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Excellent ice conditions are expanding the fishing opportunities in the area every day. With anywhere from 11 to 18 inches of good clear ice, we were confident enough to begin driving out on many of the area lakes although we’re still staying near the edges over shallow water. Thanks to very low snow cover, we are not depending on plowing roads and we can drive most anywhere we think it’s safe. On the larger lakes, ice heaves are showing up and beginning to be a problem. There’s no way to stay on top of where all of these cracks are, so stay in touch with the area resorts. These folks are usually the ones plowing the roads and they have a good idea where the obstructions are.
Reports of Perch action are still coming in from Winnie and there are a fair number of decent Northern Pike and Walleye being caught as well. Most of the action has been in the shallow water 6 to 10 feet deep, but there is a movement under way and many of these fish are starting to show up in the 20-24 foot range as well. These are mainly shoreline or primary structures. Perch are hitting well on rocker spoons tipped with a minnow head, or even a plain jig head fished on the bottom. We had some luck with a small perch-eye imitation tipped with a smaller than average minnow and hooked through the tail.
Walleyes (mainly small size) are still running some of the shallow points and weed edges during the last hour or so in the afternoon but they too are showing up on the deeper main lake structures. Swedish Pimple or other jigging spoons with a minnow head will continue to produce now. A nice approach is to fish one hole jigging and set up another hole nearby with a simple bobber, plain hook and a lively shiner. The jigging rod often attracts fish into the area, but the free-swimming shiner catches the ones that won’t jump at the jig.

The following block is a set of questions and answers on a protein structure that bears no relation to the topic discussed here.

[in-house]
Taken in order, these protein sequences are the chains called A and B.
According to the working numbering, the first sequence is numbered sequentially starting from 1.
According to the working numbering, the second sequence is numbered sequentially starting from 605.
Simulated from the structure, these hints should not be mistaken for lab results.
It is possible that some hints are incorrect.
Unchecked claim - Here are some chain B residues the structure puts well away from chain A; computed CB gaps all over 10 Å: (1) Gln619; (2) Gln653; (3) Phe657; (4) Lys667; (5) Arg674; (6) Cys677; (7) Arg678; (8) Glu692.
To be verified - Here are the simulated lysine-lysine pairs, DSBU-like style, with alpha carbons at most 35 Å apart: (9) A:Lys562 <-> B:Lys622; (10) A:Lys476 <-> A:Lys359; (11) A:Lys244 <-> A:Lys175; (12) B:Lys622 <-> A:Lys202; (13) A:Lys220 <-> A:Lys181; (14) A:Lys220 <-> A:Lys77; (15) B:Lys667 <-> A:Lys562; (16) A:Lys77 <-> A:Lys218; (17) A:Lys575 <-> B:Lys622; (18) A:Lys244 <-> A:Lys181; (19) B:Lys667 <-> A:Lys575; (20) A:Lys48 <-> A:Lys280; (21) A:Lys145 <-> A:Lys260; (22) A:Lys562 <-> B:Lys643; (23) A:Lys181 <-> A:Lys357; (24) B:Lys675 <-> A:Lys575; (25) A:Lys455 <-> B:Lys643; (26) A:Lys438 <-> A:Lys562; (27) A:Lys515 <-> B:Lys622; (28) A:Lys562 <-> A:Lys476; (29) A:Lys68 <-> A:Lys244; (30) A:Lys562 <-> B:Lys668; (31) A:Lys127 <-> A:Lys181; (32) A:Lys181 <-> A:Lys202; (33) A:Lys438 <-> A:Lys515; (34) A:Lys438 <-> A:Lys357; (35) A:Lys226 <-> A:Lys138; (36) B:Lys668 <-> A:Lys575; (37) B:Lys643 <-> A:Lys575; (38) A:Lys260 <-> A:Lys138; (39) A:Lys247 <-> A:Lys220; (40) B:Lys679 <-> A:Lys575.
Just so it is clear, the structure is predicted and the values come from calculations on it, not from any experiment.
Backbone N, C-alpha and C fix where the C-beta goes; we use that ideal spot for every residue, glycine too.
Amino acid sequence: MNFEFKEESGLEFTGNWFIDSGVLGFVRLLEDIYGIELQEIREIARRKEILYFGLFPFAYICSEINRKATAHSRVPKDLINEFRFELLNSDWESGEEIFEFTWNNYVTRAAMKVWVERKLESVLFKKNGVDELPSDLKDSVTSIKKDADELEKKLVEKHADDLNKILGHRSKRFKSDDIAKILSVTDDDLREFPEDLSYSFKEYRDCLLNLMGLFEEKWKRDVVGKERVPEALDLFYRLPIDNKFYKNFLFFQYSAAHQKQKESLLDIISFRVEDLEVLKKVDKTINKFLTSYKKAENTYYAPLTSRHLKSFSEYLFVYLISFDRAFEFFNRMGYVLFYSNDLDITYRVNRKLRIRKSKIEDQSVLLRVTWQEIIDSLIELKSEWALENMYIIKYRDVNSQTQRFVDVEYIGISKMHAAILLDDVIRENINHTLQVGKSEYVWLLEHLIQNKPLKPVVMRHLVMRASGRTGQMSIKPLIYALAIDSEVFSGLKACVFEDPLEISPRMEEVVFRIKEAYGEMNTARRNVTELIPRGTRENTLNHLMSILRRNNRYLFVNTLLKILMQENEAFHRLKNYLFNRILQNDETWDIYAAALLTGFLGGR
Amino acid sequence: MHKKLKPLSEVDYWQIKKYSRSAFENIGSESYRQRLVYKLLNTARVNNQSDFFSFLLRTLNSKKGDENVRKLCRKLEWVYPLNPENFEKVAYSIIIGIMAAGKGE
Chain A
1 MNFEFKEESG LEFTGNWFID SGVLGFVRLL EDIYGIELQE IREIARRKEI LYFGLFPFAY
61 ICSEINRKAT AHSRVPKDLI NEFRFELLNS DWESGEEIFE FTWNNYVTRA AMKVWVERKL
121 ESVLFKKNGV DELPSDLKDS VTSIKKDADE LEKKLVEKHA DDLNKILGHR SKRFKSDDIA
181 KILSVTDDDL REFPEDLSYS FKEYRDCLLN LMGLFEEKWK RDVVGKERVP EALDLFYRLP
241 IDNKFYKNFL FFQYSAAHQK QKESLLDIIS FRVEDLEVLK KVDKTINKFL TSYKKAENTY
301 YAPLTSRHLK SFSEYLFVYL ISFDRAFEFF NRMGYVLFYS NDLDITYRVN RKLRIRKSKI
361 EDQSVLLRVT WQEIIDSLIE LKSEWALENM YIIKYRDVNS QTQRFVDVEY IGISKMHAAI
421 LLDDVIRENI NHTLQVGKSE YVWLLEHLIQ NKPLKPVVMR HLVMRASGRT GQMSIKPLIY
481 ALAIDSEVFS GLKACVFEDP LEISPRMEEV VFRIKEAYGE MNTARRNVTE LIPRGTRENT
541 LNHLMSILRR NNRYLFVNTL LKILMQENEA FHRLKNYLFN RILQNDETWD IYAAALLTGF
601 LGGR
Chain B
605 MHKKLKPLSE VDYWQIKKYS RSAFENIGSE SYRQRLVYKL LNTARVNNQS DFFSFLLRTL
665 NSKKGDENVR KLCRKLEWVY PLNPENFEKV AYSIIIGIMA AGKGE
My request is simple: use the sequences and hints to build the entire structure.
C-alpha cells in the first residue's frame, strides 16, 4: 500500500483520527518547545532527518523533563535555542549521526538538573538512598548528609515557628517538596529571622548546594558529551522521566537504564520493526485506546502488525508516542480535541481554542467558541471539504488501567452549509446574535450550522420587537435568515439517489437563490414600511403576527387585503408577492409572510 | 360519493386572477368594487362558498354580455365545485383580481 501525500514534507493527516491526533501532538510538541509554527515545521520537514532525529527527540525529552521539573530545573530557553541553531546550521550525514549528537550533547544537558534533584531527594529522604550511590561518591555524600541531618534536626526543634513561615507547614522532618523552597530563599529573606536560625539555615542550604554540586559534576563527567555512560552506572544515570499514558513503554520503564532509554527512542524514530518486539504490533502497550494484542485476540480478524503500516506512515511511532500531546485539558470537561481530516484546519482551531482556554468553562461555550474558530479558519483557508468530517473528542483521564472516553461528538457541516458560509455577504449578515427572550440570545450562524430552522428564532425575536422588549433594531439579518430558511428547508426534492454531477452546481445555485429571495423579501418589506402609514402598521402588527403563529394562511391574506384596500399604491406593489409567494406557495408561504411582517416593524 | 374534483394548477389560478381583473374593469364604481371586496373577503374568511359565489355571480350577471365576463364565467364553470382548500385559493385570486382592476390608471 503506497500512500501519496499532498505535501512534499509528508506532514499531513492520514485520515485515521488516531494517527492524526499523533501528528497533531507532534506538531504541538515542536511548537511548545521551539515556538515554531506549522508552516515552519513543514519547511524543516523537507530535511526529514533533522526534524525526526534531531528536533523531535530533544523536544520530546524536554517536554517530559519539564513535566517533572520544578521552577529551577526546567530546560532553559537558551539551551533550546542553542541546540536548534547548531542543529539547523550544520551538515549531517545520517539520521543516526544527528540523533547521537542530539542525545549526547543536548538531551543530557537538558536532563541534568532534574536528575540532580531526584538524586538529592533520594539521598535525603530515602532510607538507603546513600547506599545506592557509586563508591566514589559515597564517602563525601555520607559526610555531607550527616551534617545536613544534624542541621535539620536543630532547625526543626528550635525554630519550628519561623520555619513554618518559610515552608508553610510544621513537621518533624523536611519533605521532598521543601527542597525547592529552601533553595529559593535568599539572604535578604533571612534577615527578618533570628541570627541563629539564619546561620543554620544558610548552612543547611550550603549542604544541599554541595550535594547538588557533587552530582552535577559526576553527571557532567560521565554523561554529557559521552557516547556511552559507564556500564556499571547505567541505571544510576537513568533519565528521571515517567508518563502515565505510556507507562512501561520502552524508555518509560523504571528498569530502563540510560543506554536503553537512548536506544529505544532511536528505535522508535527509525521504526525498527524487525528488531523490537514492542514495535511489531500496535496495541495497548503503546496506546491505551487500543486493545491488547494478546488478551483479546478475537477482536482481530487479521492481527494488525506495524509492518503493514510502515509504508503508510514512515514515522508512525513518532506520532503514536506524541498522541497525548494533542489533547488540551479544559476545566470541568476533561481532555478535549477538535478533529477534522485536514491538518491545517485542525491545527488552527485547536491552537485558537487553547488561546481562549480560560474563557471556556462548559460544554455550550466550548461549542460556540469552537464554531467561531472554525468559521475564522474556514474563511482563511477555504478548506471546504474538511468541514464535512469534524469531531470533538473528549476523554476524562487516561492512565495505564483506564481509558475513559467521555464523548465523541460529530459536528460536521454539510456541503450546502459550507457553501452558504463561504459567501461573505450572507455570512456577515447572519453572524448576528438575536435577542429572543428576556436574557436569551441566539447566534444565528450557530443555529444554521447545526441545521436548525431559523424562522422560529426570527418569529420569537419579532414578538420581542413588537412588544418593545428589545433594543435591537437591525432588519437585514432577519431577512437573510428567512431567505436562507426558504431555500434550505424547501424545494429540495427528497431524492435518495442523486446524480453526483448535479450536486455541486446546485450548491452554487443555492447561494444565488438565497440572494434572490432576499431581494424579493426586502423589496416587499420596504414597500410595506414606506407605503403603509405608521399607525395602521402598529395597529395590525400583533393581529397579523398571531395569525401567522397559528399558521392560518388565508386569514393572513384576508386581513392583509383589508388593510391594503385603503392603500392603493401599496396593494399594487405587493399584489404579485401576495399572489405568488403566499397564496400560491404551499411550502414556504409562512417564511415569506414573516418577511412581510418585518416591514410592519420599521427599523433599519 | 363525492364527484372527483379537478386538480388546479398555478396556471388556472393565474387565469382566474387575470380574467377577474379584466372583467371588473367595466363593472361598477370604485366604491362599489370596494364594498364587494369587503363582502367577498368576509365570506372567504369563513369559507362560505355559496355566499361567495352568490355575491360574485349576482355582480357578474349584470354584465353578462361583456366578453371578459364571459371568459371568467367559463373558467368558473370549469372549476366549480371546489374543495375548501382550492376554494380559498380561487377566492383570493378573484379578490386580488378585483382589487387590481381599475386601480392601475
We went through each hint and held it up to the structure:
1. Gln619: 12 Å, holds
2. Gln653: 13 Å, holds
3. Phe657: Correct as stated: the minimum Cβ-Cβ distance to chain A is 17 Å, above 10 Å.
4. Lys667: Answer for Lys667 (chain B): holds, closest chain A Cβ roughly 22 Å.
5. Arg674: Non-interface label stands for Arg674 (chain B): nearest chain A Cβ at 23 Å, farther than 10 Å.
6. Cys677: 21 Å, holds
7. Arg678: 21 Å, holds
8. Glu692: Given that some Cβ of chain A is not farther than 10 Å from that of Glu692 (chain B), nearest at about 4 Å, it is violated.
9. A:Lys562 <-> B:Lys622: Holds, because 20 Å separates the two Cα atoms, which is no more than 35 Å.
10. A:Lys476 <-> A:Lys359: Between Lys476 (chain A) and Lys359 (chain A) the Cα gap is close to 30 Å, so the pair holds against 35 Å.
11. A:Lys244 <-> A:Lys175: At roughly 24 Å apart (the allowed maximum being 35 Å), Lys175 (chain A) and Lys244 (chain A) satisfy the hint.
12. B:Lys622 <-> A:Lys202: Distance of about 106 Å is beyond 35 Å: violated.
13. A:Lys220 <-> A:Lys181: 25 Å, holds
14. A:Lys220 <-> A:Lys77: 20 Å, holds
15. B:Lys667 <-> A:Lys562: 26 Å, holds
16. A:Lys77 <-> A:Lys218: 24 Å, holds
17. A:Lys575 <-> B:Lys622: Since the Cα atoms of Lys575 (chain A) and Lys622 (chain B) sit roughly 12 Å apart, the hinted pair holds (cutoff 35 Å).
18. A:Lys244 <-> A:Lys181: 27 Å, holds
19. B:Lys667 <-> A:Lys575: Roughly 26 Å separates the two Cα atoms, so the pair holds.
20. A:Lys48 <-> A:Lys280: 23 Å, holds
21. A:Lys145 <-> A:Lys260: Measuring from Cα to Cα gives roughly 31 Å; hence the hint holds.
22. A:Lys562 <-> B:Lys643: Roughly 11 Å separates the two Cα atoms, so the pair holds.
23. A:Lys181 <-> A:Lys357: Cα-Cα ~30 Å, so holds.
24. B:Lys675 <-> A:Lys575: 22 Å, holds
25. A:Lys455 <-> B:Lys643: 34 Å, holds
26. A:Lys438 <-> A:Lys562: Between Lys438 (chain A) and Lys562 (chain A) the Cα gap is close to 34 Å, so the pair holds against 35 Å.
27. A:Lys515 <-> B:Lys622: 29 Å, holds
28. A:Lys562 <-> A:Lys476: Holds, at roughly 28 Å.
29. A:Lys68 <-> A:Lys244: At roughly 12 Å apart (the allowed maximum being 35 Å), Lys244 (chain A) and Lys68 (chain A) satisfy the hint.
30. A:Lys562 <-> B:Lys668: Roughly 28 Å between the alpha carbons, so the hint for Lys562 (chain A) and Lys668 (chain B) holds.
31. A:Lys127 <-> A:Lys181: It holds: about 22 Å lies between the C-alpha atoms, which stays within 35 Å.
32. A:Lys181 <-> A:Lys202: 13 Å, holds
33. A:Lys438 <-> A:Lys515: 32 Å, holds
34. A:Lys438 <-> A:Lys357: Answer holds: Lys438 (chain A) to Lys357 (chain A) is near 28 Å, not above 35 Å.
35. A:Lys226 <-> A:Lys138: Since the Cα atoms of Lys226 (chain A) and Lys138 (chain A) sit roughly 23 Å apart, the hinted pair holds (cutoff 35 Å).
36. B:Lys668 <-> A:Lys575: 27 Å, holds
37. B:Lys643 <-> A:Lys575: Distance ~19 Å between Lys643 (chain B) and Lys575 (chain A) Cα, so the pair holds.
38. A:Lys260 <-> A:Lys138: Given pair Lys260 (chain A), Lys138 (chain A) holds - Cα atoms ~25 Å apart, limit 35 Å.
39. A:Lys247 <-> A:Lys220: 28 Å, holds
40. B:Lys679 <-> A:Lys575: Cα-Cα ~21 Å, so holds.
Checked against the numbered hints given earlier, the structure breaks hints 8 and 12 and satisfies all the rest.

Crappie fishing has been a little spotty, but anglers are catching some fish mainly “eating size” fish are reported locally at the moment. Some of the lakes that were fished hard during the past couple of years are not producing great catches this winter, Crappie populations tend to build up in a lake until they’re discovered or noticed by a few anglers. Once the word spreads, pressure builds and the population gets worked down to a point where fishing declines. If you want to be consistent, it’s important to keep exploring new places and locate larger schools of “new fish”. The traditional approach of locating the deeper holes and fishing with small jigs, teardrops and plain hooks with crappie minnow will all produce some fish. Glow in the dark jigs kept charged with a flashlight, does seem to give you an edge and is worth the effort to try.
Good Luck! Check Back For Updates!

The Early Bird-Jeff Sundin
Early Bird Fishing Guide Service
Phone: 218-246-2375
North-Central Minnesota
Lakes Country
E-mail: [email protected]

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early bird and others,
put lots of holes & time in from friday thru
sunday on two seperate lakes (marcell area) and can say i would not drive vehical out yet, thickest ice i found was only 12" and closer to shore was 6" to 9" hope this report will help others to check before they drive out

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